Tag Archives: Malonne

#92 – Abbaye de Malonne Brune

#92 - Abbaye de Malonne Brune

Size: 330 ml

ABV: 6.3 %

There isn’t much more to be said about the Abbaye de Malonne which I feel I amply covered when introducing the blonde (#14). There is going to come a time when I run out of things to talk about a beer that is as indistinguished as this, but rather than rush off it would be worth taking some time to look at the range of brown beers, and in particular those from Belgium.

It would be easy to look down any supermarket aisle these days and see brown ales as the minority; beer made for the discerning gentlemen only, however historically beer has almost always been brown. This was until the 20th Century when technology started to improve. In fact in Belgium in the 1930s, 80% of beer was brown. I would hazard a guess that these days the variety of brown beer in Belgium would be as low as 25%.

Belgium was world famous for its early brown beers, with varieties such as oak aged browns from Oudenaarde, and Trappist dubbels (#16). As we have already seen in other tales though, the rise of blonde beers and lagers began as these were cheap and simple to make, and the brown beer began to fall in popularity. In fact, one might even argue that was it not commonplace these days for breweries to make a range of beers to satisfy all their customers then there may have been even less around. The quality though of course can be up for question in many of these, where brewers have found simple ways to turn blonde beers to brown with the simple switch of a button.

The above issue does illustrate a pertinent point however; that of brown beers being generally made from similar ingredients. Darker forms of malt, or a higher concentration of caramelised sugars can turn any beer brown, and these are often used as a replacement for hops to attain the preferred degree of bitterness. I have always been a massive fan of the Belgian brown ale, although have been quickly learning on my Odyssey that just because it is brown it does not guarantee quality. I would advocate that the Abbaye de Malonne Brune is a decent example of this.

It was a particularly dark beer, almost stout-like in appearance, although my final impression was that of prune juice. It was silky and soft on the palate, but the flavour never really got going and was particularly limited. Compare this to something like the complexity of a St. Bernardus Abt (#46), and you can understand where this beer sits in the pantheon of brown beers in Belgium – inherently pleasant but distinctly average – although better than the blonde of course.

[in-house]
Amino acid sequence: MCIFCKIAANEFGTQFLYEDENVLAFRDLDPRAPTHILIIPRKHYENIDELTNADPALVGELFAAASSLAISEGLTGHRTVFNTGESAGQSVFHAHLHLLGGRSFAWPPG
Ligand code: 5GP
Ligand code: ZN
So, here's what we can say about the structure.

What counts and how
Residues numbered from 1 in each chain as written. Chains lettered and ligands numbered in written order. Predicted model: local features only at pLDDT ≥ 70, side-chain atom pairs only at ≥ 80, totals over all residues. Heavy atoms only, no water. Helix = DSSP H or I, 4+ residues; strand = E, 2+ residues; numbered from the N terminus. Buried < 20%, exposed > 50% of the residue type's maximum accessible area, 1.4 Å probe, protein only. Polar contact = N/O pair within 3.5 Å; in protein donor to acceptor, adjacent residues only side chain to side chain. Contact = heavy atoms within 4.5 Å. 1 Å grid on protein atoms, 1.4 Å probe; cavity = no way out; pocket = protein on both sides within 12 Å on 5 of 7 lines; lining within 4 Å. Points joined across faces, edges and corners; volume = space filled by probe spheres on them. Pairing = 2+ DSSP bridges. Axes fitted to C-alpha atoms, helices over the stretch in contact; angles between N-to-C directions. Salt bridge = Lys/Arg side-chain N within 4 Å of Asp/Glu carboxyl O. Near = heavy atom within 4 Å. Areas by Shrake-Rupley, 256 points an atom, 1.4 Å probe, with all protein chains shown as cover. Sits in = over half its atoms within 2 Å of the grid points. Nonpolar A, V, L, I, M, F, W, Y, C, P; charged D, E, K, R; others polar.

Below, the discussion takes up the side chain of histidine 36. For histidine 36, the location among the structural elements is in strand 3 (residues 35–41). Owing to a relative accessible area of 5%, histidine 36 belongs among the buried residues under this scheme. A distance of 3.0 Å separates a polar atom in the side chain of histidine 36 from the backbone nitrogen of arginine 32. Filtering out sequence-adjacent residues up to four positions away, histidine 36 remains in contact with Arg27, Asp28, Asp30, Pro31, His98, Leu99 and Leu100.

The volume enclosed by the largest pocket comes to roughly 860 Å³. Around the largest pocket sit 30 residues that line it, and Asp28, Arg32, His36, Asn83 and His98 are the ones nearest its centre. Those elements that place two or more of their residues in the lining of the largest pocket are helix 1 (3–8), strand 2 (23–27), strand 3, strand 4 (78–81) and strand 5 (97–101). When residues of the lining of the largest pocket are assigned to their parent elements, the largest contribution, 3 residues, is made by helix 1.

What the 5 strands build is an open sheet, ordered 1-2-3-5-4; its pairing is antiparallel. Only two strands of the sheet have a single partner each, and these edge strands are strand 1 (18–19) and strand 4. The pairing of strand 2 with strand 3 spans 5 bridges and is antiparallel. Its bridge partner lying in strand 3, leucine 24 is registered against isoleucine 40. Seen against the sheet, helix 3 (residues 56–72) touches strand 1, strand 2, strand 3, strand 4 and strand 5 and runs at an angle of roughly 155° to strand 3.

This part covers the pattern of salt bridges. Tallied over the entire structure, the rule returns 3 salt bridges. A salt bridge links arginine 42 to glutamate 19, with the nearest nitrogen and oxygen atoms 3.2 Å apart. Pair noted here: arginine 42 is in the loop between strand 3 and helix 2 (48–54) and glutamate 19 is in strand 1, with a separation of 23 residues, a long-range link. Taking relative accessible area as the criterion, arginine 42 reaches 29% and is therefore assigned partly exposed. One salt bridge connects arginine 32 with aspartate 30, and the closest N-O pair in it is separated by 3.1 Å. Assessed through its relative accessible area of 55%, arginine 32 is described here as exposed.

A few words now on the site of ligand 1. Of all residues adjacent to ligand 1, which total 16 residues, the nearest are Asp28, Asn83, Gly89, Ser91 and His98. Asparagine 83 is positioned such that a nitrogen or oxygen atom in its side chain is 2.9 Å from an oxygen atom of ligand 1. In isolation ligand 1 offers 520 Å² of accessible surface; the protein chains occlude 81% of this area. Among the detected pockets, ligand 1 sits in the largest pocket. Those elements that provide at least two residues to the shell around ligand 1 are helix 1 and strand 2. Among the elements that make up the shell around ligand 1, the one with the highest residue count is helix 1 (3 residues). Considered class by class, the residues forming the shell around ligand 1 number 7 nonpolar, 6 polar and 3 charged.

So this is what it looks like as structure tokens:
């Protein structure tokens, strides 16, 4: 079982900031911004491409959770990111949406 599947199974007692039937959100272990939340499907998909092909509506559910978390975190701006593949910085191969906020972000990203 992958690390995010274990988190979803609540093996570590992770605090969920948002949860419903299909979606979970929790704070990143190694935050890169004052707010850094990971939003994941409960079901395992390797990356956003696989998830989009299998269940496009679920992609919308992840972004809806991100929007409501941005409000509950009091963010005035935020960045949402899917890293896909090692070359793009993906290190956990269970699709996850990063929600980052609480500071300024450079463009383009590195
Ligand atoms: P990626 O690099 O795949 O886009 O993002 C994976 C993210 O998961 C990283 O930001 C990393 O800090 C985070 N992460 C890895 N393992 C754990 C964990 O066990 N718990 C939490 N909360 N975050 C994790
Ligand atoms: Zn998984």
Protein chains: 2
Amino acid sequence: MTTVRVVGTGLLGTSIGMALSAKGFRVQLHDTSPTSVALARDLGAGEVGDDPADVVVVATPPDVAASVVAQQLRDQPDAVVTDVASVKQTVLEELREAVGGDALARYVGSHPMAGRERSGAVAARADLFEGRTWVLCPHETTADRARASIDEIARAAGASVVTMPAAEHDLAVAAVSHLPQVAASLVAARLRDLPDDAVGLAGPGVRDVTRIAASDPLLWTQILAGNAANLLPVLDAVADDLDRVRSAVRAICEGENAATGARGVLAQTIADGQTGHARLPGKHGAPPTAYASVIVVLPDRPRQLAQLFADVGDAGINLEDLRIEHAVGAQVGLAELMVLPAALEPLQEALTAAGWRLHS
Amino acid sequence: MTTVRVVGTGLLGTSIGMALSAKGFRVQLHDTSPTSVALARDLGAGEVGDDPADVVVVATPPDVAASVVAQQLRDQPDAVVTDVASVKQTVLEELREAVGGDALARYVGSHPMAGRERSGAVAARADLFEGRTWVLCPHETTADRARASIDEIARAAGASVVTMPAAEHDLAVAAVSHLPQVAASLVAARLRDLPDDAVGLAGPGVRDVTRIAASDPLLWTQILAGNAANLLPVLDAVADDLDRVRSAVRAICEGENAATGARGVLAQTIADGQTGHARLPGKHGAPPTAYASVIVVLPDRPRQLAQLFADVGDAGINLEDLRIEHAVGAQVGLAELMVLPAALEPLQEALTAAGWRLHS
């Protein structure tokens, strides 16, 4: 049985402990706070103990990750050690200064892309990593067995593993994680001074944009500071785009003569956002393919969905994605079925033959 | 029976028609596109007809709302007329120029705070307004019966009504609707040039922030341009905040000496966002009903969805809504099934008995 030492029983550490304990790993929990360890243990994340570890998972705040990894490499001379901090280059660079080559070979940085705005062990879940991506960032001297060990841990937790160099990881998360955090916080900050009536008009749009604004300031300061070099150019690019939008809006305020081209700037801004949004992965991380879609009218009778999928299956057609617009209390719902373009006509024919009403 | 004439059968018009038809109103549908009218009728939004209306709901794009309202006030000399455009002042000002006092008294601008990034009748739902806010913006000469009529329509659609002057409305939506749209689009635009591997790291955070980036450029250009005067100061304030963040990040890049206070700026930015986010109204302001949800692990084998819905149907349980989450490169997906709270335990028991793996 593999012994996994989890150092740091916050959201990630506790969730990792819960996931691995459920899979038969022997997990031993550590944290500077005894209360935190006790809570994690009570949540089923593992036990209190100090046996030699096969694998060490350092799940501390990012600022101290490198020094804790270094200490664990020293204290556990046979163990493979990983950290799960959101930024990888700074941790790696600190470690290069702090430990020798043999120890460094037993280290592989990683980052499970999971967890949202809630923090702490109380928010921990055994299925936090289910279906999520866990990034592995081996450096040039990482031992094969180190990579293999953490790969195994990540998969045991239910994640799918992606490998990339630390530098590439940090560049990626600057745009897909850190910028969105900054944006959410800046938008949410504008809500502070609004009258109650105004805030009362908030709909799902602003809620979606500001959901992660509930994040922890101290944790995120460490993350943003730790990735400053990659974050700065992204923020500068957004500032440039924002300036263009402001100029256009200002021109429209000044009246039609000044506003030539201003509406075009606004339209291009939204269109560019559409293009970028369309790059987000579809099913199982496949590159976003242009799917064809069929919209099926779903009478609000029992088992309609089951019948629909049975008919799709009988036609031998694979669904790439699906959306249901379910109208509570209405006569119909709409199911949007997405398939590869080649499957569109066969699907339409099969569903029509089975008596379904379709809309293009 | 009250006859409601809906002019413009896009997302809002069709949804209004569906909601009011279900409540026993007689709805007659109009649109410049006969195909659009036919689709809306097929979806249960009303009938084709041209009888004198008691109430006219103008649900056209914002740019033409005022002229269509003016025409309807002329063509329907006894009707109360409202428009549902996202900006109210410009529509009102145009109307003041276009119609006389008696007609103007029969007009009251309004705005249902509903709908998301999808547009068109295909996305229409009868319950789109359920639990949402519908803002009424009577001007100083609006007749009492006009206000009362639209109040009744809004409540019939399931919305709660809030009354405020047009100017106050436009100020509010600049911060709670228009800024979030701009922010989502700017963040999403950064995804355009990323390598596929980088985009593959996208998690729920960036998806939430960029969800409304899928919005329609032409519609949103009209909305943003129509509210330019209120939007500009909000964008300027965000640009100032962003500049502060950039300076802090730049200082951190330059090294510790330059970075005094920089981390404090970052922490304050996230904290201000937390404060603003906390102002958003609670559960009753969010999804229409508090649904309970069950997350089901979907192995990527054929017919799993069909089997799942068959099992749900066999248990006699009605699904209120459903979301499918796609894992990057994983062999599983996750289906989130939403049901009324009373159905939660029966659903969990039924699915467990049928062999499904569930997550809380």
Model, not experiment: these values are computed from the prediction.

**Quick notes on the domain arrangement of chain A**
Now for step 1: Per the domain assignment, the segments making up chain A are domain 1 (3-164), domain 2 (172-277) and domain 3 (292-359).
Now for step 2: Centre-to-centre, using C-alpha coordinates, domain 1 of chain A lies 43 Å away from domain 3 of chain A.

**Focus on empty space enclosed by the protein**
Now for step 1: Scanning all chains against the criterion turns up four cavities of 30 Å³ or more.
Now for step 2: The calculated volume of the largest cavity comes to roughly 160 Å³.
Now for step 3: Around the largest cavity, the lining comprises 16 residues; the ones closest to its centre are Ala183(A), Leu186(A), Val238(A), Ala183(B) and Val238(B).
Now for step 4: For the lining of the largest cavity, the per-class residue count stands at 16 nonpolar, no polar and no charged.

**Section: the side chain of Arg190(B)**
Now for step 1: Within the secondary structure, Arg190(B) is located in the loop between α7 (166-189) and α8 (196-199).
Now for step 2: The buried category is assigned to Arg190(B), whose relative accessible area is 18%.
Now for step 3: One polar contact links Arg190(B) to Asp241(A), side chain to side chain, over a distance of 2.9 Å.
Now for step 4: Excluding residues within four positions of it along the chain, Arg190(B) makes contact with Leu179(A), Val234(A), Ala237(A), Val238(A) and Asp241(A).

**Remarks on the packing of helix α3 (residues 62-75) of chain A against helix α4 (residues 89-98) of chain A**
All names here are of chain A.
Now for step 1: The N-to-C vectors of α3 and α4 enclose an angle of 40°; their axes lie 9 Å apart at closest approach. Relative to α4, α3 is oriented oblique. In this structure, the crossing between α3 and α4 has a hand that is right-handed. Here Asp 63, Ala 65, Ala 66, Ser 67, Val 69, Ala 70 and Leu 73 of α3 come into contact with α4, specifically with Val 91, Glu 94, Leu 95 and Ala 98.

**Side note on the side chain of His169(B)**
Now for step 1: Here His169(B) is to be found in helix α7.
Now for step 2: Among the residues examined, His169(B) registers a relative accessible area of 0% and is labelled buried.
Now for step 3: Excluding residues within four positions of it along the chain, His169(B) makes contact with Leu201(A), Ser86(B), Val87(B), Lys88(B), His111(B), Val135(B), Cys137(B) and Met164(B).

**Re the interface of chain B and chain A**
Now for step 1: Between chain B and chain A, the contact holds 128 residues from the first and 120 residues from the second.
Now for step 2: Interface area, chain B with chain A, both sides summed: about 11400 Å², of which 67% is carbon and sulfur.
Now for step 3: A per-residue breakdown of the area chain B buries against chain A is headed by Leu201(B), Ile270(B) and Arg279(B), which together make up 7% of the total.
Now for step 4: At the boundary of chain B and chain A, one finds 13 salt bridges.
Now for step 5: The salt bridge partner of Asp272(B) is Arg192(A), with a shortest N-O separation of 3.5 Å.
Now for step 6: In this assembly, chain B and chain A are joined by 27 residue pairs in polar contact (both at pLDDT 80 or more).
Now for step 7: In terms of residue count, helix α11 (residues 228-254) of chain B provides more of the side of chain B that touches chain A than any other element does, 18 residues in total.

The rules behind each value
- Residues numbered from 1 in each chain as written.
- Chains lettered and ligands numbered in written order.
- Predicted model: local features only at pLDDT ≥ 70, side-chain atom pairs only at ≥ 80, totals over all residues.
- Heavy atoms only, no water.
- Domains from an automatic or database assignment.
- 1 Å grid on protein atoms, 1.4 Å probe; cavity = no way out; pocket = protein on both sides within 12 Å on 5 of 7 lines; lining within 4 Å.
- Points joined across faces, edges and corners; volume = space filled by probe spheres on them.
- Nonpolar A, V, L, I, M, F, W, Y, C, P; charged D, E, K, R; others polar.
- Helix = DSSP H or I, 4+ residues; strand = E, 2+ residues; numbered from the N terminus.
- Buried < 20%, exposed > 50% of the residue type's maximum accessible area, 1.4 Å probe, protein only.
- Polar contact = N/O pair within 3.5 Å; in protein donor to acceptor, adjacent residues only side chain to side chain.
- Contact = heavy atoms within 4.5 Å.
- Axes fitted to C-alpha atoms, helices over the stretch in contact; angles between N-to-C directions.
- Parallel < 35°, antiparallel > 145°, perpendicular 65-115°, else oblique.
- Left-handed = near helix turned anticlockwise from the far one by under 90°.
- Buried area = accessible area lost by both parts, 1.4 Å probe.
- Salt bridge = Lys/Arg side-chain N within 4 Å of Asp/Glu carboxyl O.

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Filed under 6, Abbey Beer, Abbey Dubbel, Haacht

#79 – Gribousine Brune de Malonne

#79 - Gribousine Brune de Malonne

Size: 330 ml

ABV: 8 %

The Gribousine Malonne beers are common to the Abbaye de Malonne (#14, #92) range in that they are distributed by the Brasserie de L’Abbaye de Malonne, although they are brewed by the La Binchoise brewery in Binche. While these beers may like to be associated with the purity and sanctity of an Abbey, it simply cannot mask the fact that these are actual homage beers to a legendary witch from Malonne – the one astride her broom on the label.

During the early 1800’s in Malonne, some strange occurrences were afflicting the local population. There were varied reports of cows suddenly being unable to produce any milk, strange nuts growing on trees and plants where previously impossible, and people finding themselves riddled with sudden unfortunate illnesses. The legend goes that an old lady living in a small isolated cottage on the edge of the forest was responsible for casting these bizarre spells on the natives – her name was Gribousine.

The witch, as she was known to all, filled the population with such fear, that the locals would avoid travelling anywhere near her cottage, and instead take diversions on other paths which would often add many miles to their journeys. This everyday routine continued for many years, with more mysterious curses being cast, and Gribousine becoming more and more isolated. Eventually as she grew old and unwell, she came to the local village and sought the help of Father Marchand, the local priest, to rid her of illness and cure her of her loneliness. The priest, along with local warden Francis Joseph Bacq took Gribousine into their care one long and troubled night, and between doses of herbal remedies, they performed a full-scale exorcism. Gribousine was never really accepted by the villagers following this, however the curses and afflictions suddenly abated, and nobody ever reported seeing her ride her broomstick again. The legend though of course has raged on in local history, so much so that they even named a range of beers after her.

The Gribousine Brune de Malonne is a strange one. Sometimes you can drink a beer that has a hint of confectionery, or perhaps an undertone of a drink you once tried as a child. This one however was straight from the Hansel and Gretel fairytale, in that it tasted virtually of a cross between Dr Pepper and Vimto, with the slight taste of beer to keep the adults happy. I can just imagine Gribousine standing on the edge of the forest luring children to her candy cottage with bottles of this stuff. This beer won some International Taste and Quality awards in 2008. I can only assume Gribousine had popped back for a bit of fun !

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Filed under 6, Belgian Strong Ale, La Binchoise